Windy endeavor

Last month, a satellite closed its doors after more than 2 years of collecting ions from the relentless stream of particles that travels outward from the sun. Now, the craft must send the samples home.

SOLAR SAMPLER. Artist’s depiction of the Genesis spacecraft. NASA/JPL

Known as Genesis, the craft collected the ions on wafers made of ultrapure gold, silicon, sapphire, and diamond. “With data from this mission, we’ll be able to say what the sun is composed of at a level of precision . . . that has never been seen before,” says Genesis lead scientist Don Burnett of the California Institute of Technology in Pasadena.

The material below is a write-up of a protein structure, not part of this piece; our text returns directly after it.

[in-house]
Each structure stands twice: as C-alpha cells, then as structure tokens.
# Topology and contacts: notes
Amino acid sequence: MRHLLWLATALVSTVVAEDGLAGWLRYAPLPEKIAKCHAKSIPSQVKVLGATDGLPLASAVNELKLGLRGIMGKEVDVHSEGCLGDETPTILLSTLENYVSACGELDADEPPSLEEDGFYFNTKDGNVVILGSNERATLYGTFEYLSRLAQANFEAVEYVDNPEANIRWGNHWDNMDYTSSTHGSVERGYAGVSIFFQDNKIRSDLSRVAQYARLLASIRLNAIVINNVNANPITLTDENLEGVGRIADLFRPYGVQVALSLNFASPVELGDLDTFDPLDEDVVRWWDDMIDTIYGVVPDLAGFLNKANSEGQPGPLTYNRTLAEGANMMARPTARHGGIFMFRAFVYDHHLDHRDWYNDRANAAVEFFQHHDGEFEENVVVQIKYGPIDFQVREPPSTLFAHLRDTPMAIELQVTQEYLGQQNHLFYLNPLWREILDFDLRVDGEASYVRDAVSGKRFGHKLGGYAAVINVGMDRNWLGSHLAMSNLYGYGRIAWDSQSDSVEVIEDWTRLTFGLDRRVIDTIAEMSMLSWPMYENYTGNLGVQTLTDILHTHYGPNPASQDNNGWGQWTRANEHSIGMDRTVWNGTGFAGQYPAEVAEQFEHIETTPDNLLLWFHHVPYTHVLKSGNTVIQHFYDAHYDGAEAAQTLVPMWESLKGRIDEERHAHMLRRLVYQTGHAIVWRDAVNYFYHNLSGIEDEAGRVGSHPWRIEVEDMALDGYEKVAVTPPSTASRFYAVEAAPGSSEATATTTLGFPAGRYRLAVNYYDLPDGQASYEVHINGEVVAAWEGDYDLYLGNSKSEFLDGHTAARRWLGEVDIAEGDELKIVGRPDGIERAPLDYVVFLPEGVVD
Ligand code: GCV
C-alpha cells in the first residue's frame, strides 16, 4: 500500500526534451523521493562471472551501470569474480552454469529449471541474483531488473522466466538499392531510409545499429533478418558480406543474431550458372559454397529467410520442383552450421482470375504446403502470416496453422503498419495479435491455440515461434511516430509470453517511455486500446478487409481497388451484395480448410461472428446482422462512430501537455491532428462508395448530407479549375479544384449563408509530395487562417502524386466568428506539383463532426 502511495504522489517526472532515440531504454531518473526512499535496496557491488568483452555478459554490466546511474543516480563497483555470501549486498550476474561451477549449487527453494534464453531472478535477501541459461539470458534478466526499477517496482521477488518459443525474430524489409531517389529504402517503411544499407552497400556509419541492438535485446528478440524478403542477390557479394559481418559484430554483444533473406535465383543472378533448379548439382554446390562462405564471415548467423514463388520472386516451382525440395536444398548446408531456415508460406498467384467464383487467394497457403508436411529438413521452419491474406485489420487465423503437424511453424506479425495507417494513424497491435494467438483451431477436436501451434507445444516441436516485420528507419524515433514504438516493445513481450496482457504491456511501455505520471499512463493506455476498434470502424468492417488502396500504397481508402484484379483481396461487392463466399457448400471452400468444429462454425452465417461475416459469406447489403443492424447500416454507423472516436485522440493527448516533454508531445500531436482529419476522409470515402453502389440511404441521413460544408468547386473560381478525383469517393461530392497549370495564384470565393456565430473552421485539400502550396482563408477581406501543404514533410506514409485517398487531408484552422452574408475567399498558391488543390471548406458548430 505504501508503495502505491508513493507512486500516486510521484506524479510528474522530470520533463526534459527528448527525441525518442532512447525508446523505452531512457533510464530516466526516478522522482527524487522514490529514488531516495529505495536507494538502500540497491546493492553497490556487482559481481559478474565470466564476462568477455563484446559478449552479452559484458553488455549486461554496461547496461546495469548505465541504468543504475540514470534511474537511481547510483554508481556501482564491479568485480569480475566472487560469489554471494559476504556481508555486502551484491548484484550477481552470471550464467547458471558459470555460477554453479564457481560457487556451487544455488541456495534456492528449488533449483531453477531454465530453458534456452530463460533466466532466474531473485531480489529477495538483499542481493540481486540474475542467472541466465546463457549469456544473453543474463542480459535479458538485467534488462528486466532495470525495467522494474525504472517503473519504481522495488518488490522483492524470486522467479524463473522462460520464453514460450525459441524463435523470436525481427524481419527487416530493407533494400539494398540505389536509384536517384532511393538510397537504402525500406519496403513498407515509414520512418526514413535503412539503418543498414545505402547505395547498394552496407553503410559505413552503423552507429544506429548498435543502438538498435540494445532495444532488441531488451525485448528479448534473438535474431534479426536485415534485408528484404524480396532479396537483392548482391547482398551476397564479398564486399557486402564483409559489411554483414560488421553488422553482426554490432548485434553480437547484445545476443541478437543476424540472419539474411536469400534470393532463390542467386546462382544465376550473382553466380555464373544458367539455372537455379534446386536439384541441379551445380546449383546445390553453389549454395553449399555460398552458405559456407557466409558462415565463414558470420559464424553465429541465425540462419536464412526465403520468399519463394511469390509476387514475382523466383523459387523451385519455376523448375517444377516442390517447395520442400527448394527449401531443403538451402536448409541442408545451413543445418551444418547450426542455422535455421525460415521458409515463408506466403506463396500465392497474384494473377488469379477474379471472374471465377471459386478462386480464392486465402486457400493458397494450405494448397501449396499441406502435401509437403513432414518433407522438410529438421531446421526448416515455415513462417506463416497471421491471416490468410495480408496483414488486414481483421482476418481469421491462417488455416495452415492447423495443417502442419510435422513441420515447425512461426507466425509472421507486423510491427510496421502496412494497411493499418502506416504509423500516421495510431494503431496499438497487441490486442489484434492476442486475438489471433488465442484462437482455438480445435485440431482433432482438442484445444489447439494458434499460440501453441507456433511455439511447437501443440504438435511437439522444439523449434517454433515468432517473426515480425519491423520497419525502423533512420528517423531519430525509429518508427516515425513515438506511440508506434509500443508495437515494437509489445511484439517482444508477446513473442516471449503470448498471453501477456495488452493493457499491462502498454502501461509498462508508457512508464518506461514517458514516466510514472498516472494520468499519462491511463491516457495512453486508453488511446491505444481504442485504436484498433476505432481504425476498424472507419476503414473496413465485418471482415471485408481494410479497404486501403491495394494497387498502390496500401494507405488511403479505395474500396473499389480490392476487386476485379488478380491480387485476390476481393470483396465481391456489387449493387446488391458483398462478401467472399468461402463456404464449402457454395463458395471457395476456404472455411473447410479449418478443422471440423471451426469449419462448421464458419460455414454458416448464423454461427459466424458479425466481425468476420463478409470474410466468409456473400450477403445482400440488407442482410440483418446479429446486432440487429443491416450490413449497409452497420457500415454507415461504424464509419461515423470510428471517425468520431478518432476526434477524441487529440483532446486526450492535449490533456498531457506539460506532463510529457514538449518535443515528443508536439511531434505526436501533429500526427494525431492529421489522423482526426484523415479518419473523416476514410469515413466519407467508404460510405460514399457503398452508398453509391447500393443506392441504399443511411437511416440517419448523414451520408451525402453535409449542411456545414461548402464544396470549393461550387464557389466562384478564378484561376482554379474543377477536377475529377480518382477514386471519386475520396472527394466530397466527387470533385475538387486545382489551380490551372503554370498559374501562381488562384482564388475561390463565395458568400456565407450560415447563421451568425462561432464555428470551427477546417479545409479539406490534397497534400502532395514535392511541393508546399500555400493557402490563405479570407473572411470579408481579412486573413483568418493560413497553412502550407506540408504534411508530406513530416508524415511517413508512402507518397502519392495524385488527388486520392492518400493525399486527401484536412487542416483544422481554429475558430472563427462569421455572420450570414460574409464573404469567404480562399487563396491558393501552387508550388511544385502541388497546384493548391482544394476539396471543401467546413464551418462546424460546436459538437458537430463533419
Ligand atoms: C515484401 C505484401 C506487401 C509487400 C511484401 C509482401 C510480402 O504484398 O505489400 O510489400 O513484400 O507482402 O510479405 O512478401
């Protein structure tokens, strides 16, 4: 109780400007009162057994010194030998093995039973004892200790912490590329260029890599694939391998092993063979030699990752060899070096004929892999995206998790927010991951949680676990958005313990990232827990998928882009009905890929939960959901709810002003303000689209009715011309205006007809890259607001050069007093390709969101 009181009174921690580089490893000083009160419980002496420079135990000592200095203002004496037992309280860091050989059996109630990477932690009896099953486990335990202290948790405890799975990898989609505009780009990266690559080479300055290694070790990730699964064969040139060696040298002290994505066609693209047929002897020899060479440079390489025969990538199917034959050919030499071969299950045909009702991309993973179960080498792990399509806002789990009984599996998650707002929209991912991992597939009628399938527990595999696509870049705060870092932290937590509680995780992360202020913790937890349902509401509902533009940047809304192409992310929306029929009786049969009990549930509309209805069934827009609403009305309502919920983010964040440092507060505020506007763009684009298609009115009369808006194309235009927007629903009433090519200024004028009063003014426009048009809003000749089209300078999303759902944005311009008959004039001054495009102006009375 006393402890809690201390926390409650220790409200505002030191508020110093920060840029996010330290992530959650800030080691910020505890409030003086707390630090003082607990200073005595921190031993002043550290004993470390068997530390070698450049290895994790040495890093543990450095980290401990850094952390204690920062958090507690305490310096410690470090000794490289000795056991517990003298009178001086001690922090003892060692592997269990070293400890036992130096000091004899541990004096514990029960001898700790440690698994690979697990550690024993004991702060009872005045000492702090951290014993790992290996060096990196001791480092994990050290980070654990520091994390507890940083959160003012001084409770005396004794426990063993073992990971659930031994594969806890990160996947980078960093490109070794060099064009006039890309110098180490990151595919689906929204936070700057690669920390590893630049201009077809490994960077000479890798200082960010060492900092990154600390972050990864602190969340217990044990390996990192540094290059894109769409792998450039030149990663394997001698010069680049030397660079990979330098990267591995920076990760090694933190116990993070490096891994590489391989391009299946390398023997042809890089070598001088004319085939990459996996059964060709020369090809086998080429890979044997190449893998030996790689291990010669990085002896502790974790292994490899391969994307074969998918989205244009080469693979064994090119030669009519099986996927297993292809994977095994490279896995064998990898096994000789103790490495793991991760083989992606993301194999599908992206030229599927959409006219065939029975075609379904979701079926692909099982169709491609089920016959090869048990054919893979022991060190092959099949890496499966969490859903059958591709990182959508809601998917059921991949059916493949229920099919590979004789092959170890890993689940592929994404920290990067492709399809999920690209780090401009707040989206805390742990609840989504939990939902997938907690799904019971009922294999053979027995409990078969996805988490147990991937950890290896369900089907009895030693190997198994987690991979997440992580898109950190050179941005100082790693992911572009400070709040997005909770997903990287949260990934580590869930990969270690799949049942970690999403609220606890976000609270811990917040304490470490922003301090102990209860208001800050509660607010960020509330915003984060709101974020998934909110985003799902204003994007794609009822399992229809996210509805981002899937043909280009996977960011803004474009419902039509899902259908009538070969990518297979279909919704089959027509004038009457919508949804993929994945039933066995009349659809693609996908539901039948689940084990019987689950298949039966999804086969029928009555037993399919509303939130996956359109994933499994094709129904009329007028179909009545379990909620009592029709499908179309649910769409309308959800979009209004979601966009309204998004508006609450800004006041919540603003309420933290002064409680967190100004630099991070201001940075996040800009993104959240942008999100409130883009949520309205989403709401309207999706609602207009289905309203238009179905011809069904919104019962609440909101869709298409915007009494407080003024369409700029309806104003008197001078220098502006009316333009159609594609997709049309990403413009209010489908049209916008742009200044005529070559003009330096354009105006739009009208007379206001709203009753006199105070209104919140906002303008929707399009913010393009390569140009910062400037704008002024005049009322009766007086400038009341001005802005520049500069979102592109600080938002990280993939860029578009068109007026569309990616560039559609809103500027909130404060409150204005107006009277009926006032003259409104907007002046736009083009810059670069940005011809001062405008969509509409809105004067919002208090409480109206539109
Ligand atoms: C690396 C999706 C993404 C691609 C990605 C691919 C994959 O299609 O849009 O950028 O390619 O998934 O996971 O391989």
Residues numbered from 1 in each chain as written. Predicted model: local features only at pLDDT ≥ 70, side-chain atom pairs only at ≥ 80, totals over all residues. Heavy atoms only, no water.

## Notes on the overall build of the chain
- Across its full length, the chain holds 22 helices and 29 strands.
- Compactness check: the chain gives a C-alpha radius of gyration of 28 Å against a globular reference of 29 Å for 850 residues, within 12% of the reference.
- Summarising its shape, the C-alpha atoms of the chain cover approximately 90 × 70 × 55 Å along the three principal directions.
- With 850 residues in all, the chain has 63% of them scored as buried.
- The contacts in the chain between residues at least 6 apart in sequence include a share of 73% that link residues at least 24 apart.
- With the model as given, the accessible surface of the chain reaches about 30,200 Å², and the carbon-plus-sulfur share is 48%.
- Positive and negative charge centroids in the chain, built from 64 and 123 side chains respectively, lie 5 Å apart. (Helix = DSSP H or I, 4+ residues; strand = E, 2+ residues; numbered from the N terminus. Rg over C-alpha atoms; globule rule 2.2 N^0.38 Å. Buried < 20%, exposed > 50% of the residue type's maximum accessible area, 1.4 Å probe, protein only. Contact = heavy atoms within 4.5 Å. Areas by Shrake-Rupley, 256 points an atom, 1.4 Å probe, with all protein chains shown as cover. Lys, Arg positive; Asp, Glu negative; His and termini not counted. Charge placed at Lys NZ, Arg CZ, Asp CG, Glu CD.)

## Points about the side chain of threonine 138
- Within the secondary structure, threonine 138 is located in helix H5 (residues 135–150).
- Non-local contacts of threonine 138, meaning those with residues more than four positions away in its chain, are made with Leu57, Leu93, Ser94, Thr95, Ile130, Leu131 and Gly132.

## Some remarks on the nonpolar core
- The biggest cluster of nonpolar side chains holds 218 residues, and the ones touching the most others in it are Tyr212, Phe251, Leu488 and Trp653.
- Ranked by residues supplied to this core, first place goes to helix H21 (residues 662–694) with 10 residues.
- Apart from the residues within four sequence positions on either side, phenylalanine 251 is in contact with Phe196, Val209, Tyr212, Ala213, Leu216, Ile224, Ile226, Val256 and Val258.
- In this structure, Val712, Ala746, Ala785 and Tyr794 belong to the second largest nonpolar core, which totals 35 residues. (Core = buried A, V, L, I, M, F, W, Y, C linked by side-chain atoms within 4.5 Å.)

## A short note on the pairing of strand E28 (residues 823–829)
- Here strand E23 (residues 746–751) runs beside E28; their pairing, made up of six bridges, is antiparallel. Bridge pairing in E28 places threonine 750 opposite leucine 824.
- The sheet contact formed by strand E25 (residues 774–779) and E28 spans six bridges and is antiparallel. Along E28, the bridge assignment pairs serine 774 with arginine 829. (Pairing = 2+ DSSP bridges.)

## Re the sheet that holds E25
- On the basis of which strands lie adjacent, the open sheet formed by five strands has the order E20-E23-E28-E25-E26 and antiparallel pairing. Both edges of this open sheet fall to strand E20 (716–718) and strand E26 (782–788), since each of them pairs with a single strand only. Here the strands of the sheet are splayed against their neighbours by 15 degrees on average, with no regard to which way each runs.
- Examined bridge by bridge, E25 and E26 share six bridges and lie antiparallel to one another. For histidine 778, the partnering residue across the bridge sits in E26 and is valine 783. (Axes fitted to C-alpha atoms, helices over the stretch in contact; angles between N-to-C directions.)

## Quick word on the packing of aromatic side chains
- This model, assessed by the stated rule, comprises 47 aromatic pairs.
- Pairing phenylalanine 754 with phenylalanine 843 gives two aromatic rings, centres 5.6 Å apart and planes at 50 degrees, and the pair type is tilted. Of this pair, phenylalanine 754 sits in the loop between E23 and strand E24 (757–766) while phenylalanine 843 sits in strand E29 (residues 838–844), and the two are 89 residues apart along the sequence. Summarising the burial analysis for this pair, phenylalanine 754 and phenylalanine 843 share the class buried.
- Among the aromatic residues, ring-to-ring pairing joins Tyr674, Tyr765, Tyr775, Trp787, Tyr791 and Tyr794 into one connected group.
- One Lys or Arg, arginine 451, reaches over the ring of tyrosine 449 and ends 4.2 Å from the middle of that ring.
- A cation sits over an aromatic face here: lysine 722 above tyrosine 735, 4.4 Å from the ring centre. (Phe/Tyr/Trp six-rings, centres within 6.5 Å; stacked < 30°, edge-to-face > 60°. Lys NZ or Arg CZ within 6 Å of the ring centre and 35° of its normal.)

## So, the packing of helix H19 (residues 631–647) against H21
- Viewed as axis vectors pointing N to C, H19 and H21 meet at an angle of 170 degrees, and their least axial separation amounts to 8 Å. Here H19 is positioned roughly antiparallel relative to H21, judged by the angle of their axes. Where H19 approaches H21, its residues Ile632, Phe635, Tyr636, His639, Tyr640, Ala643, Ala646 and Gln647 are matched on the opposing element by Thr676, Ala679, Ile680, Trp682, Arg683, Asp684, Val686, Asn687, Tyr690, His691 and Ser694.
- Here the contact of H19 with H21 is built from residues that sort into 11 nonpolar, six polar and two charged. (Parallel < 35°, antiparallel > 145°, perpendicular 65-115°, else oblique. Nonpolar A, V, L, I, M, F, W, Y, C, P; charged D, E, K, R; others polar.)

Getting the solar booty into the hands of Burnett and his colleagues will require an extraordinary maneuver that pilots have already begun rehearsing. On Sept. 8, if all goes according to plan, the spacecraft will release its sample-return capsule, which will then parachute through Earth’s atmosphere. A helicopter will snatch the capsule in midair using custom-designed hooks. The solar material will be the first samples that NASA retrieved from space since the Apollo 17 astronauts carried moon rocks to Earth in 1972.

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